“We agree to try and be, cool, kind, caring and cooperative.” – Langford Community Orchard Junior Volunteers
At Langford Community Orchard in Bicester, 2017 was an exciting year. A new dedicated children’s group was started. Susan Hall, the project’s lead volunteer for children, told us all about it. There’s lots to learn from this brilliant project. Read Susan’s report below:
It was decided last year that a dedicated children’s group (Junior Orchard Volunteers) was necessary for Health and Safety reasons and also because their needs are overlapping but different from those of the Adult volunteers.
We worked closely with Alice Hemming at The CAG Project to ensure compliance with the requirements for risk assessments, which is necessary for insurance purposes. This meant that before we could set up the group, a number of adults were given enhanced disclosure and barring service (DBS) checks and attended a Child Protection training day at Kidlington.
The equipment needed for the children required some thought, for example we bought border spades and forks that were easier for children to use. We chose lightweight rakes, plenty of trowels and gardening gloves because primary school age children do not have the patience to wait before they can ‘have a go’ and would be discouraged. The children have their own First Aid Kit and we always carry antiseptic hand-gel to use before their drink and snack.
All children joining the group are visited at home with their parents/carers who must sign a consent form. At this time, we tell the child that there is a standard of behaviour that is expected and it is usual to remind ourselves of this before each session by saying:
“We agree to try and be, cool, kind, caring and cooperative.”
At the end of each session, a trophy is awarded to the child who has demonstrated these values. The trophy is a little resin-mouse garden-ornament that the children named Lucky Fred.
Eight sessions were run for children over the past season. The children operate alongside the adult volunteers for the first half of the session and Pam Roberts usually sets them a task such as raking the arrisings or marking over the faded numbers on the tree-trail. After a while, the children usually like to climb trees or play hide and seek. On one occasion, an old football was found in the undergrowth by one of the adults and a kick-about ensued.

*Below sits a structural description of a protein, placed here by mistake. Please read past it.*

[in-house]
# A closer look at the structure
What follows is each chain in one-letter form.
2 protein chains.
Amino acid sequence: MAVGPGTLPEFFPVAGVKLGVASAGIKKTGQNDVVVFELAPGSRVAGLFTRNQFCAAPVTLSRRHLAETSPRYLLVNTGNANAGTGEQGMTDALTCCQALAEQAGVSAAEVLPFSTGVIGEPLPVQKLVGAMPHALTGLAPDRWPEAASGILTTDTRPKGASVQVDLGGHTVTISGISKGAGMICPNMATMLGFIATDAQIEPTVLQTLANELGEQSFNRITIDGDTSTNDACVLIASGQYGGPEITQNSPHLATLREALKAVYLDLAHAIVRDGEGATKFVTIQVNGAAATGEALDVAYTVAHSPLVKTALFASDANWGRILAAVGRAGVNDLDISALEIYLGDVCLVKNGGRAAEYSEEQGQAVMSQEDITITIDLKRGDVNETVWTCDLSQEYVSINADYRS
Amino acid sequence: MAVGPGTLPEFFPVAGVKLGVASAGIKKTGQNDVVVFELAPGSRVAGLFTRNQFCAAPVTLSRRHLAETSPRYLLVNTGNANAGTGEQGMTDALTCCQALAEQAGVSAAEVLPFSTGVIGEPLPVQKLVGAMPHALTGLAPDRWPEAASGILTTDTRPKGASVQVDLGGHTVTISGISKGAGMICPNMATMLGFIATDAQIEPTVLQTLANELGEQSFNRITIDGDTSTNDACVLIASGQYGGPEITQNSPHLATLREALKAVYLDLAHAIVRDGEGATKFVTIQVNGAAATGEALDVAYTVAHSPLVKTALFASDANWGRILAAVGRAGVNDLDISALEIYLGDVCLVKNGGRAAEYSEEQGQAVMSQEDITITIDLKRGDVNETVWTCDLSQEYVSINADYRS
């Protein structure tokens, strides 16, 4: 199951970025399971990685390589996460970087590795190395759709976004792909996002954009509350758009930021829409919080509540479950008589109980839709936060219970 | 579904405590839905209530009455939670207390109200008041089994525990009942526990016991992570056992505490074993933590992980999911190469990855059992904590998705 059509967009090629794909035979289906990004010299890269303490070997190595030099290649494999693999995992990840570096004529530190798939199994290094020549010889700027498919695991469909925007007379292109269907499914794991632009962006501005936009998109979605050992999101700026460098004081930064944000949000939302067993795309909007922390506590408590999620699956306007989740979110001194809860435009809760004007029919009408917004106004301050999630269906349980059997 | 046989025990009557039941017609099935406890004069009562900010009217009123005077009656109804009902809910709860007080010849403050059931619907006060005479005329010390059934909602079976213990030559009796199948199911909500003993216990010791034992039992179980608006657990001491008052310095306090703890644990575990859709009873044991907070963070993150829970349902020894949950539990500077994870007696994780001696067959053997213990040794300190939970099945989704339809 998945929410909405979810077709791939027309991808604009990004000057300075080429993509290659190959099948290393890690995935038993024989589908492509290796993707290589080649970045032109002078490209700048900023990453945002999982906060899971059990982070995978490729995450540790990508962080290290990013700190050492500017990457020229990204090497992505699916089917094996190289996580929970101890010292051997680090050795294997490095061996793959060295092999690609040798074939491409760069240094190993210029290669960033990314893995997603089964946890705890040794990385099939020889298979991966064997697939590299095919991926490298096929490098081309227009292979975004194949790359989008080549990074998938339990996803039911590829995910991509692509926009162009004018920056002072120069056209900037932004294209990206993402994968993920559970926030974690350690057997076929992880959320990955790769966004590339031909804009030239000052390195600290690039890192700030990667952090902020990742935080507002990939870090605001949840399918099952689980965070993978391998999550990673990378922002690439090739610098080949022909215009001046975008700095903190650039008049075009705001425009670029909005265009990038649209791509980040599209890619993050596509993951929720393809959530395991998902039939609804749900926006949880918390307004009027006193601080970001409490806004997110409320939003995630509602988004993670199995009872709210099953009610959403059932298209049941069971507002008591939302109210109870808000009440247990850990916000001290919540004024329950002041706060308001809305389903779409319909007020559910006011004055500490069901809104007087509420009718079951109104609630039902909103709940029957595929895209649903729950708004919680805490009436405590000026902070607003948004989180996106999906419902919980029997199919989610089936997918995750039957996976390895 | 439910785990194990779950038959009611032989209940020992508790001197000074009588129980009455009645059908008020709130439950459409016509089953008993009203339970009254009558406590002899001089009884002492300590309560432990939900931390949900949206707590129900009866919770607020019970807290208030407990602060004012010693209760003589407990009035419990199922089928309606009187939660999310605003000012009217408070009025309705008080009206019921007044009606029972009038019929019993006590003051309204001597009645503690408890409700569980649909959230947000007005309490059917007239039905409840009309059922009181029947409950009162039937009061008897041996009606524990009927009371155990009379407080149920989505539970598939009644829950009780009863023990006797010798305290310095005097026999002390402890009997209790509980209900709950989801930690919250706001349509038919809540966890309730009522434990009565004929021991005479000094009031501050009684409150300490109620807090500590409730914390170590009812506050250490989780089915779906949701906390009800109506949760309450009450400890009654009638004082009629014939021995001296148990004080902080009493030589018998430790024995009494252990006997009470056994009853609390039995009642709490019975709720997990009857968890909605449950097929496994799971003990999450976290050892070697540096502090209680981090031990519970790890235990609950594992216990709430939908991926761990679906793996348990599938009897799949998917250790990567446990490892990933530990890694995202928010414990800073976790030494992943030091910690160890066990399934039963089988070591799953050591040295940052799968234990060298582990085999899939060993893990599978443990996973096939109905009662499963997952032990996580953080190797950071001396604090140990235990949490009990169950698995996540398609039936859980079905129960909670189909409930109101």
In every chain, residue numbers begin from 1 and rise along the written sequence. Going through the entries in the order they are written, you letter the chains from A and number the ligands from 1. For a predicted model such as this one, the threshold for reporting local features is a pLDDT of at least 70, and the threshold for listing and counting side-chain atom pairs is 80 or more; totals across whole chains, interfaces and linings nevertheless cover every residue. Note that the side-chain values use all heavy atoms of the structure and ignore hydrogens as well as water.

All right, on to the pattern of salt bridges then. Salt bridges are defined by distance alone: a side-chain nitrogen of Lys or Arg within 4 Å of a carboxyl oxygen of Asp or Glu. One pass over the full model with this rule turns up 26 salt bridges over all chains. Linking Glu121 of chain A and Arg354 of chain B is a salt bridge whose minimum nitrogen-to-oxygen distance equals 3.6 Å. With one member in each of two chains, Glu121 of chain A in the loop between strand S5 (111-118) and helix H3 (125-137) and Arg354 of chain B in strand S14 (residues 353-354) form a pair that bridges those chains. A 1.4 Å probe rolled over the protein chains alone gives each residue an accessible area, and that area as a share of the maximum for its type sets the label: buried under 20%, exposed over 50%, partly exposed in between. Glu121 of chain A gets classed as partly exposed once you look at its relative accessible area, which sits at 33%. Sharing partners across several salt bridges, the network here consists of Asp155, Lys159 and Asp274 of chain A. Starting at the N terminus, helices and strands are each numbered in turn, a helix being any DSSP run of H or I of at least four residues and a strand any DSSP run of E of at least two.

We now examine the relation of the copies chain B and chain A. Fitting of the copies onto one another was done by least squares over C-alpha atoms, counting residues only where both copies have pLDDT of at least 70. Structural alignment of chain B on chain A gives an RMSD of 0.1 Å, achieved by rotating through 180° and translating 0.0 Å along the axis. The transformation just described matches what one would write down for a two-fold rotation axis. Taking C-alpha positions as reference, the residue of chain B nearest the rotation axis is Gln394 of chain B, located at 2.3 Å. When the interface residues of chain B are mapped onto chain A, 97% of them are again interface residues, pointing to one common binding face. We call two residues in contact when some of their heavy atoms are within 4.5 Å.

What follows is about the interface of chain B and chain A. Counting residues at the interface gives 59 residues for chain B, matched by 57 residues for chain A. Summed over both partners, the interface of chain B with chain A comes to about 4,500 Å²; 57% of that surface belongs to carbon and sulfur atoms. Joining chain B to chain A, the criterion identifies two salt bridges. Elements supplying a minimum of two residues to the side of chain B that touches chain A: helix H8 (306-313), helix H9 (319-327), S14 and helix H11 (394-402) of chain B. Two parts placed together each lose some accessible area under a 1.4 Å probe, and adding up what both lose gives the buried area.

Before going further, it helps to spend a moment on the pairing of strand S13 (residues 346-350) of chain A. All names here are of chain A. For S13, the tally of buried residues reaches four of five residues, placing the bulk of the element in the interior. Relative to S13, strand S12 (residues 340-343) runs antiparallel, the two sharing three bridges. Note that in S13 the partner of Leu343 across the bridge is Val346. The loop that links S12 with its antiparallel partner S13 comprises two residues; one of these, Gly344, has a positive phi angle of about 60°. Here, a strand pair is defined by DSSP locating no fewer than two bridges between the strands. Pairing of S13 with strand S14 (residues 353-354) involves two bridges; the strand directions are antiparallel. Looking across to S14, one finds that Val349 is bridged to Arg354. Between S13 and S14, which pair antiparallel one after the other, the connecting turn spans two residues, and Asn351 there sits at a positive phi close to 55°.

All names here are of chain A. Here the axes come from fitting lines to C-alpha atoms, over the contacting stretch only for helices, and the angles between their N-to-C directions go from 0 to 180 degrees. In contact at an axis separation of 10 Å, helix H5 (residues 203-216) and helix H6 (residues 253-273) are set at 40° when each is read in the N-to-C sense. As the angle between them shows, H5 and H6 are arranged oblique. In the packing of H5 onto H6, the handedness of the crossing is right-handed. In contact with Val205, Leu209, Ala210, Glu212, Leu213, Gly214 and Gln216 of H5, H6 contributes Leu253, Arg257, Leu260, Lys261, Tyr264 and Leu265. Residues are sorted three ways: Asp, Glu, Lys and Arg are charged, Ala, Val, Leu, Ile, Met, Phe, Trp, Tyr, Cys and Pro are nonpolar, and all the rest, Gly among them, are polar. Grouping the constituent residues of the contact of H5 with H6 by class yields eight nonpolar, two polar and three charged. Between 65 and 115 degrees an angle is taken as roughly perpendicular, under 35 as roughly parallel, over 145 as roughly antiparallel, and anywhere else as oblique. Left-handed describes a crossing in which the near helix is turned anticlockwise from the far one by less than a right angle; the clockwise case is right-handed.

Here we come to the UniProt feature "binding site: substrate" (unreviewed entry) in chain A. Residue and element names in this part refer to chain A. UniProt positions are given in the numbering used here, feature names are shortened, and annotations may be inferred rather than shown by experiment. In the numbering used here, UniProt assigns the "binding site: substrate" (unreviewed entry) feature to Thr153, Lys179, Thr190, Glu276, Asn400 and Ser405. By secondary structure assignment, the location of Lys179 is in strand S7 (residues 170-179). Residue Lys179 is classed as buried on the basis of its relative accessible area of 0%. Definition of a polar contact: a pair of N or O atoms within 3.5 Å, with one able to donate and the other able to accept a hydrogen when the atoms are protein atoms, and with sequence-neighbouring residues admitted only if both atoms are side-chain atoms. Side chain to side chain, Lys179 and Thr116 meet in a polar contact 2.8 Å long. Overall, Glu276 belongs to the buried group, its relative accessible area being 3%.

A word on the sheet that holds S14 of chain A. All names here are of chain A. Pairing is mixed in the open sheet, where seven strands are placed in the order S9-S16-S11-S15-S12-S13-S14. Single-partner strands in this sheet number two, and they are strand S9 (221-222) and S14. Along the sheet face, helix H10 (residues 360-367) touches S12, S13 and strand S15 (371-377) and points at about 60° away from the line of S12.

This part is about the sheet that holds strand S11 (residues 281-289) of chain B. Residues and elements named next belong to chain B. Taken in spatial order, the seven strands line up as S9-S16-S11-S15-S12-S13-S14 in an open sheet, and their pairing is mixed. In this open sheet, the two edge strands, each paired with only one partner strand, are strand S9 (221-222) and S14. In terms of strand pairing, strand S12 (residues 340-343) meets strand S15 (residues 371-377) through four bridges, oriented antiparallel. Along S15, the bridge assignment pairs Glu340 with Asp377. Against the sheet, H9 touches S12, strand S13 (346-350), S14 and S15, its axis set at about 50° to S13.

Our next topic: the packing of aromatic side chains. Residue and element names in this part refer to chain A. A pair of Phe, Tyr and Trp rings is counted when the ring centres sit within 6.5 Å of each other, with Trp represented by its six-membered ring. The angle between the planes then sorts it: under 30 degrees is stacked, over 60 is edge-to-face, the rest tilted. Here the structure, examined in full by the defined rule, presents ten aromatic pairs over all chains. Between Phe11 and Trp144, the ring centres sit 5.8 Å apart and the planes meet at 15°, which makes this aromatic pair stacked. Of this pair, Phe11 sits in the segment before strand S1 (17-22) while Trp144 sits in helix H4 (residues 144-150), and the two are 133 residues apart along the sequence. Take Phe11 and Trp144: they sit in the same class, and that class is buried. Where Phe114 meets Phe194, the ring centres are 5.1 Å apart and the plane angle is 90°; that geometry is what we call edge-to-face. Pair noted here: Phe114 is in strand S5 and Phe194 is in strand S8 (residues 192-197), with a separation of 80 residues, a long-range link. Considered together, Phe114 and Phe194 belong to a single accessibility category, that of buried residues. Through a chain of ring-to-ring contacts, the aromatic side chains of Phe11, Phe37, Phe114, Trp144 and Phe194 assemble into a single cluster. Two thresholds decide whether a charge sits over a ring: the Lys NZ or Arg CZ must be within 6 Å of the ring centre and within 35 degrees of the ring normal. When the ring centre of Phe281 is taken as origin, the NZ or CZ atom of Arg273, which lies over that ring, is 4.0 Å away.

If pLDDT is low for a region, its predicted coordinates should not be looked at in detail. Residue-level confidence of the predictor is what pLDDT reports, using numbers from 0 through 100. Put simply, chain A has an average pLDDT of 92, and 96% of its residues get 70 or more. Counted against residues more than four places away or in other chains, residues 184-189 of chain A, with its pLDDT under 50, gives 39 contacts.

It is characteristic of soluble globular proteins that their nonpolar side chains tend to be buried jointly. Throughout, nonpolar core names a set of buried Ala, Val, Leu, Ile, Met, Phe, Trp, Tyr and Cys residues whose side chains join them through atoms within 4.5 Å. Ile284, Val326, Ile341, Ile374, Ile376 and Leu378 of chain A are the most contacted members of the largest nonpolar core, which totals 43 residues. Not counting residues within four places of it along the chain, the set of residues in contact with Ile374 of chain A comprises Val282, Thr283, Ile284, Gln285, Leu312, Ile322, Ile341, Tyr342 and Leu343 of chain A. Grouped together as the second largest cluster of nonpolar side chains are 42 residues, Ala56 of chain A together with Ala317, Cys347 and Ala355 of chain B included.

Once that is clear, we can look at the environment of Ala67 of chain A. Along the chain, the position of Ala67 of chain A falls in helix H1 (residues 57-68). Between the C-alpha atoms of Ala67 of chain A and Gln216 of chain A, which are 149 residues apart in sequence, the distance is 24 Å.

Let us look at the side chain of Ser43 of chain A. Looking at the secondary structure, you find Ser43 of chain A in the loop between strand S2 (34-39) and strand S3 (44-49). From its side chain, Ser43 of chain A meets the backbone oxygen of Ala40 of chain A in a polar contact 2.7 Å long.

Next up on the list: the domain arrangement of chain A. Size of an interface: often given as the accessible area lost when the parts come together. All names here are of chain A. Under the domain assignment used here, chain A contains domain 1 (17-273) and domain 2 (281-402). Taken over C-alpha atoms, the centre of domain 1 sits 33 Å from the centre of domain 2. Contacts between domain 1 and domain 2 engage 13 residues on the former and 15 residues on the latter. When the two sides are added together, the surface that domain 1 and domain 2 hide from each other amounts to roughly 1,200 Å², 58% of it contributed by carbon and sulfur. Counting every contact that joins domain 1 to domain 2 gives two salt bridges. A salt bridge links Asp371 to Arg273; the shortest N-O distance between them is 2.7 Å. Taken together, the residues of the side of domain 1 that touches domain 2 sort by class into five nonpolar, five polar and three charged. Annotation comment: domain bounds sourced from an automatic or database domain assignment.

After snack-time, the second part of the session takes place in the allotment. The adult allotmenteers have been very welcoming of the children and one couple built a plastic grow house for the children’s’ tomatoes. Another adult said how nice it was to hear the sound of children’s laughter as she was gardening.
Last year, the children planted raised beds/potagers (donated) with a mixture of edibles and pollinator-friendly flowers following the ethos of the architect that planted the community orchard. A bench and table were donated with a sturdy parasol which allows us to do simple art work in all weathers. For example, the children submitted drawings suitable for a Christmas card and the one that was chosen was put on the Community Orchard Facebook page and sent out to each of the families.
At the beginning of this session we always have a walk round the allotment to see what the other plot holders are doing. As the season progressed and the pumpkins began to swell, the children became increasingly more excited. Teaching the children about gardening is done in a relaxed and flexible way (this is not formal schooling). Last year, the children learnt that plants such as chives can be propagated by division or by sowing seeds. The children are taught to respect and value wildlife and they were thrilled to find a toad.
Obtaining formal feedback from the children was attempted and abandoned. However, it was noted that one lively boy was fascinated by seeds and it was very rewarding to hear from his mother that he had sprinkled Nigella seeds all round their garden which had germinated. Another boy tried to build a small raised planter in his front garden and put a petunia in it. One of the older girls originally expressed distaste about getting dirty – and during Apple Day it was pointed out to her that she did not look her best sitting on a bale of hay on a tractor-trailer. She replied that she “just had to because it’s fun!”. Another girl was thrilled to dig up the potatoes we had planted earlier in the year. All the children enjoyed doing this but strangely, they did not want to take any home. This year, the potatoes will be washed and bagged up because that is how the children see them in the supermarket. The cherry-tomatoes were a great success and were handed out in bags to the families as a method of outreach. All the children were awarded ‘Lucky Fred’ once and none of the children had to be excluded. The structure of the sessions is quite loose to enable the children to make their own contributions and just to have some good old- fashioned fun in these lovely outdoor spaces.
Apple Day was a great part of the children’s group. One of the older girls and her mother ran a ‘plant a crocus’ stall. The highlight of Apple Day for the children is always the short ride round the orchard on the farmer’s tractor-trailer when he comes to collect the bales of hay.
The Community Orchard and Allotment are marvellous facilities for children. Next year we hope to build on what we achieved this year, for example we have increased the number of raised beds. The tomato seeds have germinated in readiness for this season and the big project is to help the children understand the alchemical process involved with making compost. The first session in March has been planned and we intend to plant an apple tree (a Newton Wonder) and discuss bees/pollination.
Susan Hall ( lead volunteer for children)